8. Sorry, it’s me again. There’s a lot in your blog, Stephen, and I keep thinking of more points. Firstly, yes, women have had to get used to being treated worse. A slap on the bum, a remark that is unkind and then the comment, “Oh, it was only a joke!”, so now it’s your fault for not having a sense of humour. But I beg to differ about “identifying types”. You cannot and should not be punished before you actually do something. Protection and prevention are always the problem with abuse, and indeed crime. But the people who do bad things cannot easily be identified. They look just like you and me. Sometimes they are you and me.

  9. At last a distant bell tolls. Spiritual abuse is real! Now who is going to challenge the turn or burn brigade and help the victims?

    I accept my betrayal, I believed men not, God.

  10. Thanks for everyone’s prayers and thoughts. The chat went well. Quite merry in patches, as the lady in question turned out to be quite the raconteur, complete with funny voices and impressions of her first incumbent, and the train passengers when she went for an interview in my old Diocese! And she didn’t jump in, and she made it abundantly clear that she regarded the matter as confidential. That was important, as I’ve known a lot of situations where clergy have not kept my confidences. An hour and a half, you can’t cover everything. We never got on to “after all that I was hoping for a little love”. But very useful and pleasant.

  11. Good to hear, EA! On the way to better things, hopefully. I’ve come home feeling more cheerful than for some time, after also having a very pleasant and encouraging conversation about my situation.

    1. It won’t make any difference. The person concerned has no power. I want someone to do something a) for me and b) about the situation. However emotionally helpful a conversation may be, if the person has no power, neither of those things are going to happen. But I’m glad things are turning upwards for you. I’ve had you on my prayer list for a long time. I was very concerned. All the best, sis.

  12. Hoping we see the same here in the US. I serve as a diocesan misconduct prevention and training instructor, but all we address is sex. I can also tell you that I have faced serious emotional and financial abuse from clergy, and to date the diocese not only ignores the issue — it blames me.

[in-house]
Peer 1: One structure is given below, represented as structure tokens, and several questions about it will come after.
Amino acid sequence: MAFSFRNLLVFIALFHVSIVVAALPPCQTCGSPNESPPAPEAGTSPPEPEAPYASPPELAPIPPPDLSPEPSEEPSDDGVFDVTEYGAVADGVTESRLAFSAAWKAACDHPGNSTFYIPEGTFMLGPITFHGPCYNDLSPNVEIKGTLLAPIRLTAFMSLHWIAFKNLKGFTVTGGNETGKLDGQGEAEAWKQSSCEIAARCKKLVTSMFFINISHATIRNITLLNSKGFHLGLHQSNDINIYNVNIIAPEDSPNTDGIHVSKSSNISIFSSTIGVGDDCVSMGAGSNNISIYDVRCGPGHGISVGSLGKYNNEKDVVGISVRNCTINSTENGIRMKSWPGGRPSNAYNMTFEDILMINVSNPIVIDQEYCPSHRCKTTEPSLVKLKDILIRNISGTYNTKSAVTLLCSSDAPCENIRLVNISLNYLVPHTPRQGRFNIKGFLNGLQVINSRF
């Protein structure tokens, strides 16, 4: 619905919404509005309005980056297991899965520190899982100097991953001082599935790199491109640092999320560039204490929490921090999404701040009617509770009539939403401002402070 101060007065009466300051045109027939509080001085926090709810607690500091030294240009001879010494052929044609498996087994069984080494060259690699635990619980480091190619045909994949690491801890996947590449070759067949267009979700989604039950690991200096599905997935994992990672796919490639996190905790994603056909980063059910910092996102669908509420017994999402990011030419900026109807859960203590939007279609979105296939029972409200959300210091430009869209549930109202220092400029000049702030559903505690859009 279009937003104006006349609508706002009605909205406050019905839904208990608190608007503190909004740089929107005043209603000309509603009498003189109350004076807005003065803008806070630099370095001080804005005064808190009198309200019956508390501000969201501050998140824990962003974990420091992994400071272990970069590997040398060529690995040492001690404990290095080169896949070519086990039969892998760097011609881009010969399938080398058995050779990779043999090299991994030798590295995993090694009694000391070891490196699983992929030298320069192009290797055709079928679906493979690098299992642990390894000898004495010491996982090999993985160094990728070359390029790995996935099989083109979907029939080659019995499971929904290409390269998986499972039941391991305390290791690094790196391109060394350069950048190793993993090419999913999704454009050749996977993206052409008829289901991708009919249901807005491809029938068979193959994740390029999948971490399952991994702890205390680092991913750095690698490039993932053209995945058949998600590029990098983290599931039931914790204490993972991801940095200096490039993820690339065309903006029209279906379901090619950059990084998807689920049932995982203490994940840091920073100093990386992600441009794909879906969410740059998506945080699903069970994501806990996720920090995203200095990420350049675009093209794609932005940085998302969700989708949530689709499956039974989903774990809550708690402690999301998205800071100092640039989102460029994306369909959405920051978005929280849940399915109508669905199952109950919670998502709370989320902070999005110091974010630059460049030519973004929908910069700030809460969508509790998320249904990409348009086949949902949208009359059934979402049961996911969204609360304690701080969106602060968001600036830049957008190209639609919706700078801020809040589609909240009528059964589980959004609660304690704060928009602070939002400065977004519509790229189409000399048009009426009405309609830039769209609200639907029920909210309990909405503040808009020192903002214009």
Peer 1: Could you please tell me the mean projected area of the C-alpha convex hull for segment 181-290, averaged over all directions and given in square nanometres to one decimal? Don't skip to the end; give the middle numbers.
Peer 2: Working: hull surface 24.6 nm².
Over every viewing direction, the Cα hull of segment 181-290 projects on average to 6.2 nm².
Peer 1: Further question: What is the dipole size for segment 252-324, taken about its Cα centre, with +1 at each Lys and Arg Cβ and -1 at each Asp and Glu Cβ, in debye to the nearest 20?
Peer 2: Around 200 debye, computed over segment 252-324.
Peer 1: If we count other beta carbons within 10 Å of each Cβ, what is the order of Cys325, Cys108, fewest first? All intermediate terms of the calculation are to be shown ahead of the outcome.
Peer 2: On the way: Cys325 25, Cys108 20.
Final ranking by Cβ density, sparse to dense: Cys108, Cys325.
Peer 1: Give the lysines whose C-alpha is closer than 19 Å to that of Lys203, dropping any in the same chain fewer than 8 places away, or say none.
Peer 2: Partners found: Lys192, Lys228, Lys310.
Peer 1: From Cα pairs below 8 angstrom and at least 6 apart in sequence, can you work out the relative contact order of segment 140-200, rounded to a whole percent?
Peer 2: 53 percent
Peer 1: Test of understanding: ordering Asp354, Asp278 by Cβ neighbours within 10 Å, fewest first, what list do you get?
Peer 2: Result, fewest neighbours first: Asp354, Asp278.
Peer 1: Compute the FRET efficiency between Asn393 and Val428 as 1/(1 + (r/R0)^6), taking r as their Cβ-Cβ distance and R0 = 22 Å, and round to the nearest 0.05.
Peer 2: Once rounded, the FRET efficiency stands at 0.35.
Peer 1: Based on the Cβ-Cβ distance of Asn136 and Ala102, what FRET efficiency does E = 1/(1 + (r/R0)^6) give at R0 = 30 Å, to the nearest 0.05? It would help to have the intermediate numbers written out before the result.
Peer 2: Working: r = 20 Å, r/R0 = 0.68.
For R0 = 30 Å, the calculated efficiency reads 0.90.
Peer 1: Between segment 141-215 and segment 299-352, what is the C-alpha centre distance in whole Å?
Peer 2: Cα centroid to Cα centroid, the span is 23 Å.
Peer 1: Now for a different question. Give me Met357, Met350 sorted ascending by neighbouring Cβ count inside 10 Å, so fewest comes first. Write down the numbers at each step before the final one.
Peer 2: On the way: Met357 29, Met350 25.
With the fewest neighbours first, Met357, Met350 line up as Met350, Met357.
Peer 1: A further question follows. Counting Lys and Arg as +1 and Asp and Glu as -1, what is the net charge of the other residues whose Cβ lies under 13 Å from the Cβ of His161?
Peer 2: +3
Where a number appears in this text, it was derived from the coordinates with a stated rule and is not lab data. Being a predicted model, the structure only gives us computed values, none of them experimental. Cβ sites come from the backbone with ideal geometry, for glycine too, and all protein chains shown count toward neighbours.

1. VA Episcopalian Thank you for this piece of information. I love your job title! The fact that misconduct is defined for you by someone else other than you, the prevention officer, must drag heavily. How dare anyone tell you that sex is the only form of misconduct that happens and needs to be prevented! Do you meet with similarly named officials across the States? Do they suffer from the same restrictions? It seems that the UK and the US Anglicans will be traipsing over to Australia to have the abuse strategies there explained to us. It is in fact a crazy situation that we have such a narrow definition of abuse. When we hear from Christine about her Australian experiences, we may be able to get a more coherent picture of how the Anglican church is failing its members in two English speaking major provinces in this aspect of church life. We may be able to use the Australian material to lobby our respective establishments. Stay with us VA Episcopalian. This agenda will be explored over the months and your experience will be invaluable to the argument. I am beginning to see the focus of a ‘political’ approach to the subject is for us to keep saying that the bishops must widen their understanding of abuse. A slogan along the lines of ‘Power abuse in the church is about more than sex’ needs to be shouted at full volume at all who will listen.